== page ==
A new Colorado law requires the public disclosure of police body-worn camera footage of incidents “in which there is a complaint of peace officer misconduct.” But what do journalists do when they want to request video, but no one has filed an official complaint?
Another court hearing, another ruling in favor of a news media coalition under Colorado’s new law governing the public release of police body-worn camera footage.
In a test of Colorado’s new law governing the public release of certain police body-worn and dashboard camera footage, a Weld County District Court judge ordered the immediate disclosure of video from a June incident in which a Greeley officer allegedly used a chokehold during an arrest.
A coalition of news organizations asked a Weld County District Court judge to modify or rescind his order barring the public release of body-worn and dashboard camera footage from a June incident in which a Greeley police officer allegedly used a chokehold during an arrest.
One change will impact the release of body-worn and dashboard camera footage, and another might help mitigate the loss of public information caused by the encryption of police radio transmissions. Two additional provisions address public access to records of completed police internal affairs investigations and lists of officers who have credibility issues.
State representatives inserted a provision addressing police radio encryption into a law-enforcement accountability measure that builds on the major police reform bill passed in 2020.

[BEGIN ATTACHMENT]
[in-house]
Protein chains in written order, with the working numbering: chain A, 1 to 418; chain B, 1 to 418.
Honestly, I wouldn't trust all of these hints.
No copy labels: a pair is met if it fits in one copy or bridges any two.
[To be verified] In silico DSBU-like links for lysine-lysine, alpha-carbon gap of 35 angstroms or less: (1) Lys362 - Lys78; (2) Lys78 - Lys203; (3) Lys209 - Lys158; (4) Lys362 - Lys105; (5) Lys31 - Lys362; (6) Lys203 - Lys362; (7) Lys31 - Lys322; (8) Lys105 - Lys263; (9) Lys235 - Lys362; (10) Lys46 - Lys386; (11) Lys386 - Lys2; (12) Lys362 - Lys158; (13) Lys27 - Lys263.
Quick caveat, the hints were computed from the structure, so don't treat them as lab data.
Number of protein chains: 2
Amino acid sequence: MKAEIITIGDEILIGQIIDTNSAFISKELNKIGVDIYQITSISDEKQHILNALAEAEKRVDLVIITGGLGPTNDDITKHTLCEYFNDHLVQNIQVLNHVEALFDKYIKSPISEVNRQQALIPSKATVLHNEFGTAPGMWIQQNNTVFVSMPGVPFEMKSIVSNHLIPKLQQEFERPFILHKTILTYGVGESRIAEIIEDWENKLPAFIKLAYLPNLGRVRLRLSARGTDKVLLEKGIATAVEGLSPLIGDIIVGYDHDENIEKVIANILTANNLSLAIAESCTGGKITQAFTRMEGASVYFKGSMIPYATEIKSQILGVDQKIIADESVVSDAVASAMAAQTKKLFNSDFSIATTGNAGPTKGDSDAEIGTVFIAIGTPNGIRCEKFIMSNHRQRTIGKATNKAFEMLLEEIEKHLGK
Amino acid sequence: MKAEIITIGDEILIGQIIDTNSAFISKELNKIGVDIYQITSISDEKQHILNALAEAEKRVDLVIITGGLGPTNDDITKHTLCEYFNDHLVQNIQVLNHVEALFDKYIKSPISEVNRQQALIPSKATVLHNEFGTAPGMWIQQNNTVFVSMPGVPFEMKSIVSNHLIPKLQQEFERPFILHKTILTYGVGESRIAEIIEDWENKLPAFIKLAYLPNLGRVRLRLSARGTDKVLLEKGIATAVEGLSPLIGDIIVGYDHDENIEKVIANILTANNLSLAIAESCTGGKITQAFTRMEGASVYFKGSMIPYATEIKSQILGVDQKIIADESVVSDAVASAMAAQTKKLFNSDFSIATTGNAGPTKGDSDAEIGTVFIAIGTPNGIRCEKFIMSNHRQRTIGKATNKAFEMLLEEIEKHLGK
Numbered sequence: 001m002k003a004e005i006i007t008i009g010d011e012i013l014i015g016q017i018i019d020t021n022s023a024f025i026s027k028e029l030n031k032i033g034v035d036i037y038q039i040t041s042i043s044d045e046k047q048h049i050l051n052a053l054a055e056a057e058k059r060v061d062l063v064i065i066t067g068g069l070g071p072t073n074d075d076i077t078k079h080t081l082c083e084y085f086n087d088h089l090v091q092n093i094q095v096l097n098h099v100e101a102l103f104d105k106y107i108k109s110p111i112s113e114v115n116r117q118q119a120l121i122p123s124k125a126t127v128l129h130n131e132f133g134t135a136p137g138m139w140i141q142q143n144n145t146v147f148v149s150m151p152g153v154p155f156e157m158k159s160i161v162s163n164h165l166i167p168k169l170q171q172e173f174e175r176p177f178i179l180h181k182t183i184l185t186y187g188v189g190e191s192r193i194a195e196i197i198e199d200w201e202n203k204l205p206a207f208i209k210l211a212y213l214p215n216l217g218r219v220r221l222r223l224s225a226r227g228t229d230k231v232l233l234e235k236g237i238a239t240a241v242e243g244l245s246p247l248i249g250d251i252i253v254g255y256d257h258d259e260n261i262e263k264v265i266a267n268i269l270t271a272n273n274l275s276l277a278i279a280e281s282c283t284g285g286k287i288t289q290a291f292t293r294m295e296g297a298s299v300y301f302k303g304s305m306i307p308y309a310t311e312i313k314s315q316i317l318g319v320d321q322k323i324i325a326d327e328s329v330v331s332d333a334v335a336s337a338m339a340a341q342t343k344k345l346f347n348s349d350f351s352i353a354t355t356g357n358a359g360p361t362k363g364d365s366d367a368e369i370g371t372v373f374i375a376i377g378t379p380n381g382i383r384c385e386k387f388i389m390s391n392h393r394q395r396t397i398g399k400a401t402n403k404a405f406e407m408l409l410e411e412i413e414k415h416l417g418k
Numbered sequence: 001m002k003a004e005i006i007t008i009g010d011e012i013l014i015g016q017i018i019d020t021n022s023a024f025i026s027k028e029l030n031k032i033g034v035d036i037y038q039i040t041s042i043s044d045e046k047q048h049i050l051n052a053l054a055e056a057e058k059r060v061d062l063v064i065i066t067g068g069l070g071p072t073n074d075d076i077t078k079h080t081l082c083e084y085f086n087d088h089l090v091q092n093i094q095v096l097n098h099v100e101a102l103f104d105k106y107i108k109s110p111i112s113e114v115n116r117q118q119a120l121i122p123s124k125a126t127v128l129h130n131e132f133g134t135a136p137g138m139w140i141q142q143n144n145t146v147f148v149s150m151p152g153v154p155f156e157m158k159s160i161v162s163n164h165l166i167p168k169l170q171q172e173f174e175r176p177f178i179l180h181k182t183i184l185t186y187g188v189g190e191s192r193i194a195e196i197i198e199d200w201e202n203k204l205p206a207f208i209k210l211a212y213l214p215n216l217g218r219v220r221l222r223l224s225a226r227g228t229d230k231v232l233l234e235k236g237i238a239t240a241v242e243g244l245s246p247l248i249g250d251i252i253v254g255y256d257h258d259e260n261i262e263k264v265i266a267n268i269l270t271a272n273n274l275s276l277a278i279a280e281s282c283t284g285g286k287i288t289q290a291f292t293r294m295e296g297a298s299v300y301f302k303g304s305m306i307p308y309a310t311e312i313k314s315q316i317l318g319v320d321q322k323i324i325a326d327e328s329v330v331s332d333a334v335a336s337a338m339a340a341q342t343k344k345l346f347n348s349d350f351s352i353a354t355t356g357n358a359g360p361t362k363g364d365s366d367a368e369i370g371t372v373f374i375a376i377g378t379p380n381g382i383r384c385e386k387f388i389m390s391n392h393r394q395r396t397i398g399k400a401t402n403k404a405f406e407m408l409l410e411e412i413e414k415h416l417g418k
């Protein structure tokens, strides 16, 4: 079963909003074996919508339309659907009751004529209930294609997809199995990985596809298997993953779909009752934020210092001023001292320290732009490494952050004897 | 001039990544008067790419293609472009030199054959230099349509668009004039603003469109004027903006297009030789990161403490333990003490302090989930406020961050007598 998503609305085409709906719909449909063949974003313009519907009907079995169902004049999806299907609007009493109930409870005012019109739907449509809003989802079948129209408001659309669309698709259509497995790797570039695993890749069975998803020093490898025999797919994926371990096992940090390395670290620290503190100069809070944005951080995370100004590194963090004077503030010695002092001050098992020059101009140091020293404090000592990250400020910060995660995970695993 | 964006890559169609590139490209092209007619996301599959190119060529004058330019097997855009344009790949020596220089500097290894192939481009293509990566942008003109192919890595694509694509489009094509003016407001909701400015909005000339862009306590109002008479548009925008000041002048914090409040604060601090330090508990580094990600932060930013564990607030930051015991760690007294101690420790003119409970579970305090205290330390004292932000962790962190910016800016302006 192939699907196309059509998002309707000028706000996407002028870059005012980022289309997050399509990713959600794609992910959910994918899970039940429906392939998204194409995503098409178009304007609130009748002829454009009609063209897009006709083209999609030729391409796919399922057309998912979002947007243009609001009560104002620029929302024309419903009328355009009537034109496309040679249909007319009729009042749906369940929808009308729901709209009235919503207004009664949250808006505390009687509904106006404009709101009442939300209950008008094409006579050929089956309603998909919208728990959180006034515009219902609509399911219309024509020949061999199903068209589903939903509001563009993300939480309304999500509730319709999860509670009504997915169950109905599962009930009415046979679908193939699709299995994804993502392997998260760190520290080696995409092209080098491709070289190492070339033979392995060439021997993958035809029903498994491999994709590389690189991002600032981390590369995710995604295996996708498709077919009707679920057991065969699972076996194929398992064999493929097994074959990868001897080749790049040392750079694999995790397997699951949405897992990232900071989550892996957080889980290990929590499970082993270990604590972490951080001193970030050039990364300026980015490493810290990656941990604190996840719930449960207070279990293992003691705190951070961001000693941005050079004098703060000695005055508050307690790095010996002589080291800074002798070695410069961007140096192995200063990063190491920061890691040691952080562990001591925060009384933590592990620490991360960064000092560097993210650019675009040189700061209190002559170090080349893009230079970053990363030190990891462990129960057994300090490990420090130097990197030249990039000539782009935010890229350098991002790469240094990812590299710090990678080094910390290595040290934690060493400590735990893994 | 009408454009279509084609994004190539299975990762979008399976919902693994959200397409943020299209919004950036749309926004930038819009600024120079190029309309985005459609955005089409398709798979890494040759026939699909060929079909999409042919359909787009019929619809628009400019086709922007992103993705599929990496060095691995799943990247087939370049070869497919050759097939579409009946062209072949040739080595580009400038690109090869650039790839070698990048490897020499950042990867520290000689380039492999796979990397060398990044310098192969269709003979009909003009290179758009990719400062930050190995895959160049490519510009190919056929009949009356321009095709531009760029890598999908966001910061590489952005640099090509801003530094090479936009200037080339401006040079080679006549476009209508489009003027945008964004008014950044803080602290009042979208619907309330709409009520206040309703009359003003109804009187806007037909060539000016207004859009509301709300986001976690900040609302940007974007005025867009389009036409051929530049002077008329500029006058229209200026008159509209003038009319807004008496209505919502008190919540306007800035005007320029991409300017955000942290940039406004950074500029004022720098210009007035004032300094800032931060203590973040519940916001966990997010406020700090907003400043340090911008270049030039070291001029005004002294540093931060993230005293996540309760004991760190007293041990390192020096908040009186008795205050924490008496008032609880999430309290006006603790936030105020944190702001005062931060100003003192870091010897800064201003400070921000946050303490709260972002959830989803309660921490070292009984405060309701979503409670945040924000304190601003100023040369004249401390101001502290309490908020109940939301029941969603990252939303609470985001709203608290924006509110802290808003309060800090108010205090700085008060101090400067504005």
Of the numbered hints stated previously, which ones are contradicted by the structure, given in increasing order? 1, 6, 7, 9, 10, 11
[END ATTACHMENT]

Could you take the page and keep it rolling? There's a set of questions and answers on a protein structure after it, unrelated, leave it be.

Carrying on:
An unarmed Black man is brutally murdered by police, who are utterly indifferent to his repeated pleas for restraint. First the people in that city, then across the nation (and, eventually, across the globe) take to the streets. They demand justice. They demand accountability. And they call upon the police, not only in that city but across the nation, to reform their practices, to eliminate racial profiling and overly aggressive militaristic responses, and to become more transparent — including by publicly releasing body-worn camera recordings of police-public confrontations.
All we want for Hanukkah/Christmas/Kwanzaa (besides world peace, an end to the pandemic and less partisan rancor) are better open-government laws for Coloradans.
Incidents in Colorado and elsewhere show the limitations of HB 19-1119 as a tool of transparency, accountability and for building trust between law enforcement agencies and the communities they serve. More could be done to ensure the public knows when officers are accused of misconduct or of using excessive force, how those allegations are investigated and whether and how discipline is imposed.
One positive development in the current historical moment is the growing awareness and recognition – by citizens, legislators, governors, mayors, and even police chiefs – that there can be little or no public trust, a necessary foundation of effective law enforcement, without both accountability and transparency.